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Researchers unravel how spiders store their silk

The arachnids pack their threads as nanoparticles, a finding that could aid production of artificial silks

by Prachi Patel
October 22, 2018


Structures of spider silk proteins and how they assemble in black widow spider silk glands.
Credit: Gregory Holland
The gel-like fluid inside a spider’s silk glands contains large protein molecules (left) that aggregate into small flakes (middle top) that then interact with other flakes to form a spherical superstructure (middle bottom). When the fluid gets pushed through spin ducts, the flakes elongate into narrow fiber-like structures (right).

Spider silk is stronger than steel by weight and as stretchy as rubber. Scientists want to understand how spiders spin their silk so they can make artificial versions of the gossamer threads that are as tough as the real thing. In a key insight to the spinning process, researchers have found that spiders store silk proteins as complex, tiered nanostructures inside their silk glands (Proc. Natl. Acad. Sci. USA 2018, DOI: 10.1073/pnas.1810203115). The findings explain how the arachnids pack the proteins at a super-high concentration and how they start the fiber-making process inside the glands.

Each glossy fiber of spider silk is a string of large protein molecules. In the spider’s glands, these proteins mix with water and salt to form a highly concentrated gel-like fluid. Researchers have been trying to copy spider silk’s remarkable traits to make materials for medical implants, bulletproof vests, and sports gear. But mimicking the way spiders spin fibers from the concentrated protein solution has been a challenge.

One key question has been how the spiders store the proteins inside this silk gland fluid. Fifteen years ago, researchers hypothesized that the proteins form spherical nanostructures. “But nobody knew if these things were real,” says Gregory P. Holland, a chemist at San Diego State University. The nanoparticle hypothesis could explain some of spider silk’s mechanical properties. “Instead of having a solution of individual proteins, if you spin from a nanoparticle, you could potentially get tougher fibers,” says Northwestern University chemist Nathan Gianneschi who worked with Holland.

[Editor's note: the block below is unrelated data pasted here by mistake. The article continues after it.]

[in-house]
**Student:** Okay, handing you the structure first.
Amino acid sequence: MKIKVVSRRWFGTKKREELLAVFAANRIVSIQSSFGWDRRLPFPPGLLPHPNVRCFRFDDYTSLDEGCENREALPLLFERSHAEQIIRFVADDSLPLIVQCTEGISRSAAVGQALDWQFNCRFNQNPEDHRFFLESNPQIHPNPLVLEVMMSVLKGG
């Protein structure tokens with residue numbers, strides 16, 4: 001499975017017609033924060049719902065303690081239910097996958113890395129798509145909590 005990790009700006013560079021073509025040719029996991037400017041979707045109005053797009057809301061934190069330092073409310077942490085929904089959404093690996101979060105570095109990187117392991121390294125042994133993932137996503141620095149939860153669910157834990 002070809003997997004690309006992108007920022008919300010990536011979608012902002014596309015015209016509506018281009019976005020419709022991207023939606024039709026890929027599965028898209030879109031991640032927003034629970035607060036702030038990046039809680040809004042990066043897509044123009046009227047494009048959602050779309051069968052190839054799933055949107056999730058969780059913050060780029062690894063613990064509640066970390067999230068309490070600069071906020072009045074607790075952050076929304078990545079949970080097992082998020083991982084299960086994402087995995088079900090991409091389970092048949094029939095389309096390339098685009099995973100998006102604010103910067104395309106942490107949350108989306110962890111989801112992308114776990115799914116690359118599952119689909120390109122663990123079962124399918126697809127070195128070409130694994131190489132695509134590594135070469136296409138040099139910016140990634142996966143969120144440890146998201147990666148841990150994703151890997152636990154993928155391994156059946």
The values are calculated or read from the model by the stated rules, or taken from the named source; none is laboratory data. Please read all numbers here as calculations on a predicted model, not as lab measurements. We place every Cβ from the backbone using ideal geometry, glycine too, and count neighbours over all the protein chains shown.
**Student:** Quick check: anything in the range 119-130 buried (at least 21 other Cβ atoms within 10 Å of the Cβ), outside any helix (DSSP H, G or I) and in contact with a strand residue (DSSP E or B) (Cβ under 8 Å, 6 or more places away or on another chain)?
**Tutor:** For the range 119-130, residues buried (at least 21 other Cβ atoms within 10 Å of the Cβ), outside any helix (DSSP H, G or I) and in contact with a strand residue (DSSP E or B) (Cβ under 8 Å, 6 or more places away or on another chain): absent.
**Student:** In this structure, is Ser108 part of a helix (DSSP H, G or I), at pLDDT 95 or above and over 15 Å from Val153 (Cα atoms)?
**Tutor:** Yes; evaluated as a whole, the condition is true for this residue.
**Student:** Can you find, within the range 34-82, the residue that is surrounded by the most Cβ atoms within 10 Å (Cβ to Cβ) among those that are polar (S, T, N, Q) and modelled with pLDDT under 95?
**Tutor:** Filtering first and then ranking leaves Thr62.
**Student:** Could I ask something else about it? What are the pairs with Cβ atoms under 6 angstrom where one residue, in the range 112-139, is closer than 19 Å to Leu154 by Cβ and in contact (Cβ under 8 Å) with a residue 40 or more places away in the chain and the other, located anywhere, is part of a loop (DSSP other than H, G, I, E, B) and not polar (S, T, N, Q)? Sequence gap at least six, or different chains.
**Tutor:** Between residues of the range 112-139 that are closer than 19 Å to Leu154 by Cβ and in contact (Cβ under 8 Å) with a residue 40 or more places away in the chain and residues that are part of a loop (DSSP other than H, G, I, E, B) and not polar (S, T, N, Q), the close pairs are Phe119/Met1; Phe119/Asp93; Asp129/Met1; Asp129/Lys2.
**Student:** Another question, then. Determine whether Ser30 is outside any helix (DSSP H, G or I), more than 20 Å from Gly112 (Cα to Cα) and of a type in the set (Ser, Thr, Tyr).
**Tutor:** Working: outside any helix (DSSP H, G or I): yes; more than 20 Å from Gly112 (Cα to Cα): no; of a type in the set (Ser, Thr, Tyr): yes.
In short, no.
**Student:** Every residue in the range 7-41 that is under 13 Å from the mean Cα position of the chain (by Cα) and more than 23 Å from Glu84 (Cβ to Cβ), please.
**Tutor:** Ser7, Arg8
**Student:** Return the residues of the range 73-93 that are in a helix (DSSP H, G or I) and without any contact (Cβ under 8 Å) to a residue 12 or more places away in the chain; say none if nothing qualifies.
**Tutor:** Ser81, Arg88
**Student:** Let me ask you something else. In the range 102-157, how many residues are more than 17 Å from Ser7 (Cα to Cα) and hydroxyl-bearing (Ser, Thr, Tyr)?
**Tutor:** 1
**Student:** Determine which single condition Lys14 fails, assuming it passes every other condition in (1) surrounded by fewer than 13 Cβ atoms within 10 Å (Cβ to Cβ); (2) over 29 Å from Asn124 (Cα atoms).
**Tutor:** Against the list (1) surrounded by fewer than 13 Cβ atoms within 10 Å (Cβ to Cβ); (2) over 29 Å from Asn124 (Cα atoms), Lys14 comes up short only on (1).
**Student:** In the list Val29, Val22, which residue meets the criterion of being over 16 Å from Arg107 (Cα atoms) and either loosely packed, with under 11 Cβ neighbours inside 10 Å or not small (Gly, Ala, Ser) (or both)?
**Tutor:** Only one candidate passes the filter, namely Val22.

To find out if the nanoparticles existed, Holland, Gianneschi, and colleagues extracted fluid from the glands of euthanized black widow spiders. This species boasts one of the stronger silks, Holland says. The team used nuclear magnetic resonance to show that the proteins were packed into volumes with diameters of about 300 nm in the fluid. Then they used cryogenic transmission electron microscopy to get the first-ever images of the protein nanostructures.

The images showed that the protein molecules assemble into 50-nm-wide, 25-nm-thick flakes. Multiple flakes interact to form a network with densely packed regions and void spaces that are likely occupied by solvent.

The group also studied what happens to the proteins under the strain they would experience when extruded from the spider’s spinning duct. The scientists put the protein solution into a micropipette and pumped it up and down. The force of passing through the pipette opening stretched the flakes into narrow fibers that are about 100 nm long and 5–15 nm wide.

“The findings are important for the understanding of the spider silk spinning process,” says Anna Rising of the Karolinska Institute. “In order to recapitulate the properties of the native spider silk fiber, we need to understand and replicate this process in vitro.”

This study is just the start, Holland says. In the spider spinning ducts, the protein fluid becomes more acidic, ions get exchanged, and water is removed. “Now we can test what happens to these superstructures as we change biochemical conditions.”



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